Valid for Submission
M25.00 is a billable diagnosis code used to specify a medical diagnosis of hemarthrosis, unspecified joint. The code M25.00 is valid during the fiscal year 2022 from October 01, 2021 through September 30, 2022 for the submission of HIPAA-covered transactions.
The ICD-10-CM code M25.00 might also be used to specify conditions or terms like hemarthrosis, lipohemarthrosis, spontaneous hemarthrosis or subchondral hematoma.
Unspecified diagnosis codes like M25.00 are acceptable when clinical information is unknown or not available about a particular condition. Although a more specific code is preferable, unspecified codes should be used when such codes most accurately reflect what is known about a patient's condition. Specific diagnosis codes should not be used if not supported by the patient's medical record.
Index to Diseases and Injuries
The Index to Diseases and Injuries is an alphabetical listing of medical terms, with each term mapped to one or more ICD-10 code(s). The following references for the code M25.00 are found in the index:
- - Hemarthrosis (nontraumatic) - M25.00
The following clinical terms are approximate synonyms or lay terms that might be used to identify the correct diagnosis code:
- Spontaneous hemarthrosis
- Subchondral hematoma
Diagnostic Related Groups - MS-DRG Mapping
|MS-DRG||MS-DRG Title||MCD||Relative Weight|
|553||BONE DISEASES AND ARTHROPATHIES WITH MCC||08||1.2683|
|554||BONE DISEASES AND ARTHROPATHIES WITHOUT MCC||08||0.7904|
The relative weight of a diagnostic related group determines the reimbursement rate based on the severity of a patient's illness and the associated cost of care during hospitalization.
Convert M25.00 to ICD-9 Code
The General Equivalency Mapping (GEM) crosswalk indicates an approximate mapping between the ICD-10 code M25.00 its ICD-9 equivalent. The approximate mapping means there is not an exact match between the ICD-10 code and the ICD-9 code and the mapped code is not a precise representation of the original code.
Information for Patients
Bleeding is the loss of blood. It can be external, or outside the body, like when you get a cut or wound. It can also be internal, or inside the body, like when you have an injury to an internal organ. Some bleeding, such as gastrointestinal bleeding, coughing up blood, or vaginal bleeding, can be a symptom of a disease.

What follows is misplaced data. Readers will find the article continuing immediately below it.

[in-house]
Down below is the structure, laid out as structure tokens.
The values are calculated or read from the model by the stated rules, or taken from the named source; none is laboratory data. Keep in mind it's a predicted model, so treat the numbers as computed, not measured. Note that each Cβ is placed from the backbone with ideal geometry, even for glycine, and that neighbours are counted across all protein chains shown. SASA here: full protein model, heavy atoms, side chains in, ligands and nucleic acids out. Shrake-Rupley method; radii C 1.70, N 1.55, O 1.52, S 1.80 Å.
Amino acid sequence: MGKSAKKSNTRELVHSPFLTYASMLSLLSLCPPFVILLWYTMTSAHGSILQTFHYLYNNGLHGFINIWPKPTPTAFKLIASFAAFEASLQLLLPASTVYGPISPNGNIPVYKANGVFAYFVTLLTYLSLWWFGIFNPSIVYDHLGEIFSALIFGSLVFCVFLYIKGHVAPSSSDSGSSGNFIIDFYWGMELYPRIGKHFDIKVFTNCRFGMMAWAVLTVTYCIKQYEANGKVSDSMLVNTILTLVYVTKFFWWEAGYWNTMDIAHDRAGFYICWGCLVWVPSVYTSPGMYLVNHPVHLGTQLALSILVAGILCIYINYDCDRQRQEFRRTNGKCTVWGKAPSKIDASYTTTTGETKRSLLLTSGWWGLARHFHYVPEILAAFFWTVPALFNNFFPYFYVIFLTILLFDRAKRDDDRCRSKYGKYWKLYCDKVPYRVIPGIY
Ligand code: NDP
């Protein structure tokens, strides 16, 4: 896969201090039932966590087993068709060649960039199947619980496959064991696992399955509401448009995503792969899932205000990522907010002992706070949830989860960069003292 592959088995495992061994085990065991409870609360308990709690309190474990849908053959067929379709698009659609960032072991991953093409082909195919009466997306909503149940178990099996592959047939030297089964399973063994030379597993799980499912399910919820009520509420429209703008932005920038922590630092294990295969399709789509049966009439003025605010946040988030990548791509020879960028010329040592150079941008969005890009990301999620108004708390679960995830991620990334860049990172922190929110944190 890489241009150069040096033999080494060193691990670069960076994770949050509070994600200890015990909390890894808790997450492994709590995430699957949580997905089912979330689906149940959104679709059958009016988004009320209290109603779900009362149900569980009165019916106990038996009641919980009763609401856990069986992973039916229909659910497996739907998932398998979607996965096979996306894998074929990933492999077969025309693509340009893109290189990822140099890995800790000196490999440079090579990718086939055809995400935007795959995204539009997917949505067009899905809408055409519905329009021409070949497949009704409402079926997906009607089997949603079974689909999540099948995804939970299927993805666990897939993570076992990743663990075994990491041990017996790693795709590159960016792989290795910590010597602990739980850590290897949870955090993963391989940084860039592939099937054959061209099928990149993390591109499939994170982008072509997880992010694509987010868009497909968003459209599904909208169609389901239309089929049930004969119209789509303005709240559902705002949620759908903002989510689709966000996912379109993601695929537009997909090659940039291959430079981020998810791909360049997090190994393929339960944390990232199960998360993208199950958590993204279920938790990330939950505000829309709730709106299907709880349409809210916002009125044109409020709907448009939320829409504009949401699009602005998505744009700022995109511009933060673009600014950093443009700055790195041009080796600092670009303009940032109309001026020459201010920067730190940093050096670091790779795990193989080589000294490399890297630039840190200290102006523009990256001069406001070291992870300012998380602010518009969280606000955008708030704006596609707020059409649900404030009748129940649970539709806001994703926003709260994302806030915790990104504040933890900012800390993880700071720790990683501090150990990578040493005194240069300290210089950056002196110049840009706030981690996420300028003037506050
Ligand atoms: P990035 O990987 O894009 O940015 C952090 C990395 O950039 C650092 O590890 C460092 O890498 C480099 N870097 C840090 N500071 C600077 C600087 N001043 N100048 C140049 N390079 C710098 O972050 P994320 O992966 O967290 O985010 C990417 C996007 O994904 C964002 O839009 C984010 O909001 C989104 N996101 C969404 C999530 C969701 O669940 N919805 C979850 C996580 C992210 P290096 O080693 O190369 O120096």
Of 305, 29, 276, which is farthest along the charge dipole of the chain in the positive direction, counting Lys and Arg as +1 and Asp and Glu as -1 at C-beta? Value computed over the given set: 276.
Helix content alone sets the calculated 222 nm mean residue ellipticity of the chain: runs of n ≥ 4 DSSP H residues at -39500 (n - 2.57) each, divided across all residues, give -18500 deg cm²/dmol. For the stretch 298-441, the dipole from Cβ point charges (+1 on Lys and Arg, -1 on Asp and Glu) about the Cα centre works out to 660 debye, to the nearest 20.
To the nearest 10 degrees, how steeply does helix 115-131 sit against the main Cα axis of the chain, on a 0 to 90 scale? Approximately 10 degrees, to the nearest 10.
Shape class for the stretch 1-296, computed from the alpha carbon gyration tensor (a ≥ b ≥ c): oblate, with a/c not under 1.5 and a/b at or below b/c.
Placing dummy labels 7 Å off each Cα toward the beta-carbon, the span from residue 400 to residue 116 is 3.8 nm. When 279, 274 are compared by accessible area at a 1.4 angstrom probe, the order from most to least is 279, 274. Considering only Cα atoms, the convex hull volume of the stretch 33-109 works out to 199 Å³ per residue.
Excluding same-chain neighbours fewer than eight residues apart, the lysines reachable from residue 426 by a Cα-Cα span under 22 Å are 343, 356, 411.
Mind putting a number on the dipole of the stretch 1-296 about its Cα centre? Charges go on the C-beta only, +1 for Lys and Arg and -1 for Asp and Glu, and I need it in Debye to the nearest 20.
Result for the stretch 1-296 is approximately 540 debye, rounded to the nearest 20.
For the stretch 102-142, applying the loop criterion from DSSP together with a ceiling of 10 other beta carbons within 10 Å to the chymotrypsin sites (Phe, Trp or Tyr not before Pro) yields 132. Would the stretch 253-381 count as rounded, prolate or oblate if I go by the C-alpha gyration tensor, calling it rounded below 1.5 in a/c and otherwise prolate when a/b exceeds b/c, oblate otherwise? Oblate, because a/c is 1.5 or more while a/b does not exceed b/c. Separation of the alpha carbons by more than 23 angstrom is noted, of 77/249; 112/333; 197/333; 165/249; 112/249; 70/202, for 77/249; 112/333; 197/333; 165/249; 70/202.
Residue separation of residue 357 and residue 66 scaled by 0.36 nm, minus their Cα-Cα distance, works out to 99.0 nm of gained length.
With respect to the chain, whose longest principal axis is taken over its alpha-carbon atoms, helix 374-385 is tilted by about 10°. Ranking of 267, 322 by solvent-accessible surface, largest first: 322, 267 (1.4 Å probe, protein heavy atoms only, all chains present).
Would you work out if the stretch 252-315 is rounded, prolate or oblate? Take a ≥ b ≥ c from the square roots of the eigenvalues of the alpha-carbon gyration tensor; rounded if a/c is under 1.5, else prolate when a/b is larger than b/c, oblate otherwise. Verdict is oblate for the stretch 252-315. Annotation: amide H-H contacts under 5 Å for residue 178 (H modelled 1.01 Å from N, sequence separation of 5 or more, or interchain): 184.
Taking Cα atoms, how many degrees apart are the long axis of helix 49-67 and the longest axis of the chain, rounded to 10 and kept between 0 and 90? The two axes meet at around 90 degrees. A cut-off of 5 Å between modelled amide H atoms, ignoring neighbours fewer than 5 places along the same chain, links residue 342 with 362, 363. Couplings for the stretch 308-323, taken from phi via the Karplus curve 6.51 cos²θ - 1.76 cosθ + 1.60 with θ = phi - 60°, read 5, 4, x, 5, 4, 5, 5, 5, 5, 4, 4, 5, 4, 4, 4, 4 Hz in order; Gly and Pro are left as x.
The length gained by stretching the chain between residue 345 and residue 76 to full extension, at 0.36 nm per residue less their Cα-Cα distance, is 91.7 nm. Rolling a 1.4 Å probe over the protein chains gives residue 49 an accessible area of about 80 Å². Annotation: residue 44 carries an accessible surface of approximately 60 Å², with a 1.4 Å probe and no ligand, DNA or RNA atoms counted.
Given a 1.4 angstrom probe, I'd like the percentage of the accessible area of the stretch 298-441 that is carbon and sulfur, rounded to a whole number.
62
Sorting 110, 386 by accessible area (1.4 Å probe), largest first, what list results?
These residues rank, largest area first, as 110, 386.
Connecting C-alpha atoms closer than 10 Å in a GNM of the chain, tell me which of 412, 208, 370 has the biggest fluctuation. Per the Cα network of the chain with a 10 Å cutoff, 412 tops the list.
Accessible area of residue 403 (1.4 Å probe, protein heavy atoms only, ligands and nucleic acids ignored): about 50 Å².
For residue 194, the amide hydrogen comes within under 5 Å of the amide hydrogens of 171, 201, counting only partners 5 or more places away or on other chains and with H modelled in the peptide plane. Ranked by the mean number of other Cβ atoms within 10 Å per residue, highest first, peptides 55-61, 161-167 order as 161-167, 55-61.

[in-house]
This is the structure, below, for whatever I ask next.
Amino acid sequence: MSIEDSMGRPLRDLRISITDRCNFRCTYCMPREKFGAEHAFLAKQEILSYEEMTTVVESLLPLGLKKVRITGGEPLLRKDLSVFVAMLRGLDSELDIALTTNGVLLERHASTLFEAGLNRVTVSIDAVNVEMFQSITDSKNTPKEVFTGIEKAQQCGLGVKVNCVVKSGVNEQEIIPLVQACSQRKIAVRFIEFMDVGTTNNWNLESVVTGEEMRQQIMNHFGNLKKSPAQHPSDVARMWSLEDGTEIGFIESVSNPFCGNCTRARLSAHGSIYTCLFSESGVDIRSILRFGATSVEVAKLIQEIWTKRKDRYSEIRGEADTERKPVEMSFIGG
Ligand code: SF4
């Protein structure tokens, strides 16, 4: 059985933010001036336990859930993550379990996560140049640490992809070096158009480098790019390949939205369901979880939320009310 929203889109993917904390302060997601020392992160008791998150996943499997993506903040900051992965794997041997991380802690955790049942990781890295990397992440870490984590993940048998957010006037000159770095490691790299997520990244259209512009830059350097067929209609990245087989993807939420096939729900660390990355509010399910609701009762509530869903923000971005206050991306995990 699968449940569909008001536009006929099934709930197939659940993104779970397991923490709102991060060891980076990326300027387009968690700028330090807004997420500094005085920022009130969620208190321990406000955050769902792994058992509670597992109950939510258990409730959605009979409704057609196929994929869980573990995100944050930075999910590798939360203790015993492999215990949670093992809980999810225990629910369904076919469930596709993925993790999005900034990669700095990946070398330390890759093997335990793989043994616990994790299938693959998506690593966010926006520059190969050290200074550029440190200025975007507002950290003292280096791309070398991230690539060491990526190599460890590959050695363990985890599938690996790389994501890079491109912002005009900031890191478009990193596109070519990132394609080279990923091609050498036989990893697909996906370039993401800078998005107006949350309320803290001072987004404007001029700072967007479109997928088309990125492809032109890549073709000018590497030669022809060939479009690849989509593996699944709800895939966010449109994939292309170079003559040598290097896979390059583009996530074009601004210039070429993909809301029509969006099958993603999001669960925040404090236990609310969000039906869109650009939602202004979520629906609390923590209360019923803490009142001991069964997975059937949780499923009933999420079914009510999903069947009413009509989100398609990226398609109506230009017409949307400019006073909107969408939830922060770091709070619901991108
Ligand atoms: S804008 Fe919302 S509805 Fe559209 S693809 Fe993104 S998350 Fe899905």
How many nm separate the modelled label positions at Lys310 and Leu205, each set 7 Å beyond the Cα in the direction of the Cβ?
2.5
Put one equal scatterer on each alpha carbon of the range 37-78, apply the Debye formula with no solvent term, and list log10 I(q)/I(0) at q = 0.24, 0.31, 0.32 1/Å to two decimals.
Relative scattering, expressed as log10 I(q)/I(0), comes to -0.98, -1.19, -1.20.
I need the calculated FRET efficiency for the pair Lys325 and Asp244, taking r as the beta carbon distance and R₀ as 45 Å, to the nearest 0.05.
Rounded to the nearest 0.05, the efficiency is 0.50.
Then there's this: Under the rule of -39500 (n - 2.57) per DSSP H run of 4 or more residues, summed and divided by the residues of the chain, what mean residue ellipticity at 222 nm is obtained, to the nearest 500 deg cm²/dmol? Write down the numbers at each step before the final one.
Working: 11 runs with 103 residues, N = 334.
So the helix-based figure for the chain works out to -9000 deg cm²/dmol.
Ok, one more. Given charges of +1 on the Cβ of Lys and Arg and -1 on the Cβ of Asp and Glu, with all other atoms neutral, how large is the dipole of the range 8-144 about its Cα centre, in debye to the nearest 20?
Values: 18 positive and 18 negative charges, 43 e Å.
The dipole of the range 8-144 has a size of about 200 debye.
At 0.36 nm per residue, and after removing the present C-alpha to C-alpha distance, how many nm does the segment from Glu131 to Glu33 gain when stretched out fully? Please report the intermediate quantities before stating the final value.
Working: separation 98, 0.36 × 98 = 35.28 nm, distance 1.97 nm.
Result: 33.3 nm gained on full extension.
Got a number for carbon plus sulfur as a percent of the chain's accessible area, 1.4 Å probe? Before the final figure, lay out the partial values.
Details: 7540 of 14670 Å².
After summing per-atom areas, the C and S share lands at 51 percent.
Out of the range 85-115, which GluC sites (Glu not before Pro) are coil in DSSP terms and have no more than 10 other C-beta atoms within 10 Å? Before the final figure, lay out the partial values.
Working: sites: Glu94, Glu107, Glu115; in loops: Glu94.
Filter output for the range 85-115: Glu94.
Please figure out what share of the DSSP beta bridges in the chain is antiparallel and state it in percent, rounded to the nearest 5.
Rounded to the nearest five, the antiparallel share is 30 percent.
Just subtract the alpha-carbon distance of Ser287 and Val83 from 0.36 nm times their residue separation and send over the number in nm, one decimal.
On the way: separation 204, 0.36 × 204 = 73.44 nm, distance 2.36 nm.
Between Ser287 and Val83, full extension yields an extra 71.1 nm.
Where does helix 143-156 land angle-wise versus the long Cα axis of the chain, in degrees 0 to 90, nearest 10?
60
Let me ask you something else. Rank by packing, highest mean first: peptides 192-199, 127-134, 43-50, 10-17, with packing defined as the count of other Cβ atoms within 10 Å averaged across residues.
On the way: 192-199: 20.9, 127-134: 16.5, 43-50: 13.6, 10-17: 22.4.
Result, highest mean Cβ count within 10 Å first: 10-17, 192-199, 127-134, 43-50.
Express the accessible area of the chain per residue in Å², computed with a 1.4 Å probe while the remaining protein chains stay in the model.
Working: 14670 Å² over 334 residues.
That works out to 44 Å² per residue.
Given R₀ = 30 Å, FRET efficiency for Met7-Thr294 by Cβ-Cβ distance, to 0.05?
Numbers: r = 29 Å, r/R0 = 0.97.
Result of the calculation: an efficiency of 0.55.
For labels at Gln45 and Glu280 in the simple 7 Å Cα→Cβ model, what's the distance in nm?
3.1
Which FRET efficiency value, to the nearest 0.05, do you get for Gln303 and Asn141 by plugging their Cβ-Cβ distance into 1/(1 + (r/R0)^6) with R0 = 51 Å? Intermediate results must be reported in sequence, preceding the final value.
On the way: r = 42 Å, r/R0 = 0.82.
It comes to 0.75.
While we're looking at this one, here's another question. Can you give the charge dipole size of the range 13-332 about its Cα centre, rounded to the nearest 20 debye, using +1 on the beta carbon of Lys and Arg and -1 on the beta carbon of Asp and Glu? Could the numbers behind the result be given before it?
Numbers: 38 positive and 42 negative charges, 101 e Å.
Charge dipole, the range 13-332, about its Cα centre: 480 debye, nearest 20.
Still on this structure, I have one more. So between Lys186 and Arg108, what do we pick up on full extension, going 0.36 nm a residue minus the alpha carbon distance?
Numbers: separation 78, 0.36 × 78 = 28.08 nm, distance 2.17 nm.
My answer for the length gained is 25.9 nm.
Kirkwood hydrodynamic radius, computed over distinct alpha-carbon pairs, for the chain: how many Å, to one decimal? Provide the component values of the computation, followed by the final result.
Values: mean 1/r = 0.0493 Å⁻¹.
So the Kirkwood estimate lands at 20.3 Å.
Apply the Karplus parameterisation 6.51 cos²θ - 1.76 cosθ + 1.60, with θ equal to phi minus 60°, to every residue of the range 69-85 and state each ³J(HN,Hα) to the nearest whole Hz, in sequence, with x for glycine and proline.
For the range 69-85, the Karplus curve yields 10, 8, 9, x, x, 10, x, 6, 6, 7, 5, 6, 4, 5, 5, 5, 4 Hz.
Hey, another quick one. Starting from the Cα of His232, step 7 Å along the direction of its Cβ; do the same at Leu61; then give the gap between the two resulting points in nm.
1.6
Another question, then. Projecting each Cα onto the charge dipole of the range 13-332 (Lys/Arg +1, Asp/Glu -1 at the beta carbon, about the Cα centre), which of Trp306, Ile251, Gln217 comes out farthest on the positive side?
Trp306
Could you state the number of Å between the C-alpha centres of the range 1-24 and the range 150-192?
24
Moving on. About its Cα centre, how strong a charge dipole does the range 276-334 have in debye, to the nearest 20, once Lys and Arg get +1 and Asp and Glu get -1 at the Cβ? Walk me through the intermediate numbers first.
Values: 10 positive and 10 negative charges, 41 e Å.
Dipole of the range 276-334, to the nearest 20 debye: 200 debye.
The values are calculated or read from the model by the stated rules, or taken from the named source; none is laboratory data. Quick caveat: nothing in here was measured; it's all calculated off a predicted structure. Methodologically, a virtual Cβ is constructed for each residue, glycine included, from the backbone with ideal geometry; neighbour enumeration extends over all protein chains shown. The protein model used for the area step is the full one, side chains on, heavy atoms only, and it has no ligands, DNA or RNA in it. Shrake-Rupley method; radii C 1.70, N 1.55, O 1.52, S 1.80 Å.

Normally, when you are injured and start bleeding, a blood clot forms to stop the bleeding quickly. Afterwards, the clot dissolves naturally. To be able to make a clot, your blood needs blood proteins called clotting factors and a type of blood cell called platelets. Some people have a problem with clotting, due to another medical condition or an inherited disease. There are two types of problems:
- Your blood may not form clots normally, known as a bleeding disorder. This happens when your body does not make enough platelets or clotting factors, or they don't work the way they should.
- Your blood may make too many clots, or the clots may not dissolve properly
Sometimes bleeding can cause other problems. A bruise is bleeding under the skin. Some strokes are caused by bleeding in the brain. Severe bleeding may require first aid or a trip to the emergency room.
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A joint is where two or more bones come together, like the knee, hip, elbow, or shoulder. Joints can be damaged by many types of injuries or diseases, including
- Arthritis - inflammation of a joint. It causes pain, stiffness, and swelling. Over time, the joint can become severely damaged.
- Bursitis - inflammation of a fluid-filled sac that cushions the joint
- Dislocations - injuries that force the ends of the bones out of position
Treatment of joint problems depends on the cause. If you have a sports injury, treatment often begins with the RICE (Rest, Ice, Compression, and Elevation) method to relieve pain, reduce swelling, and speed healing. Other possible treatments include pain relievers, keeping the injured area from moving, rehabilitation, and sometimes surgery. For arthritis, injuries, or other diseases, you may need joint replacement surgery to remove the damaged joint and put in a new one.
NIH: National Institute of Arthritis and Musculoskeletal and Skin Diseases
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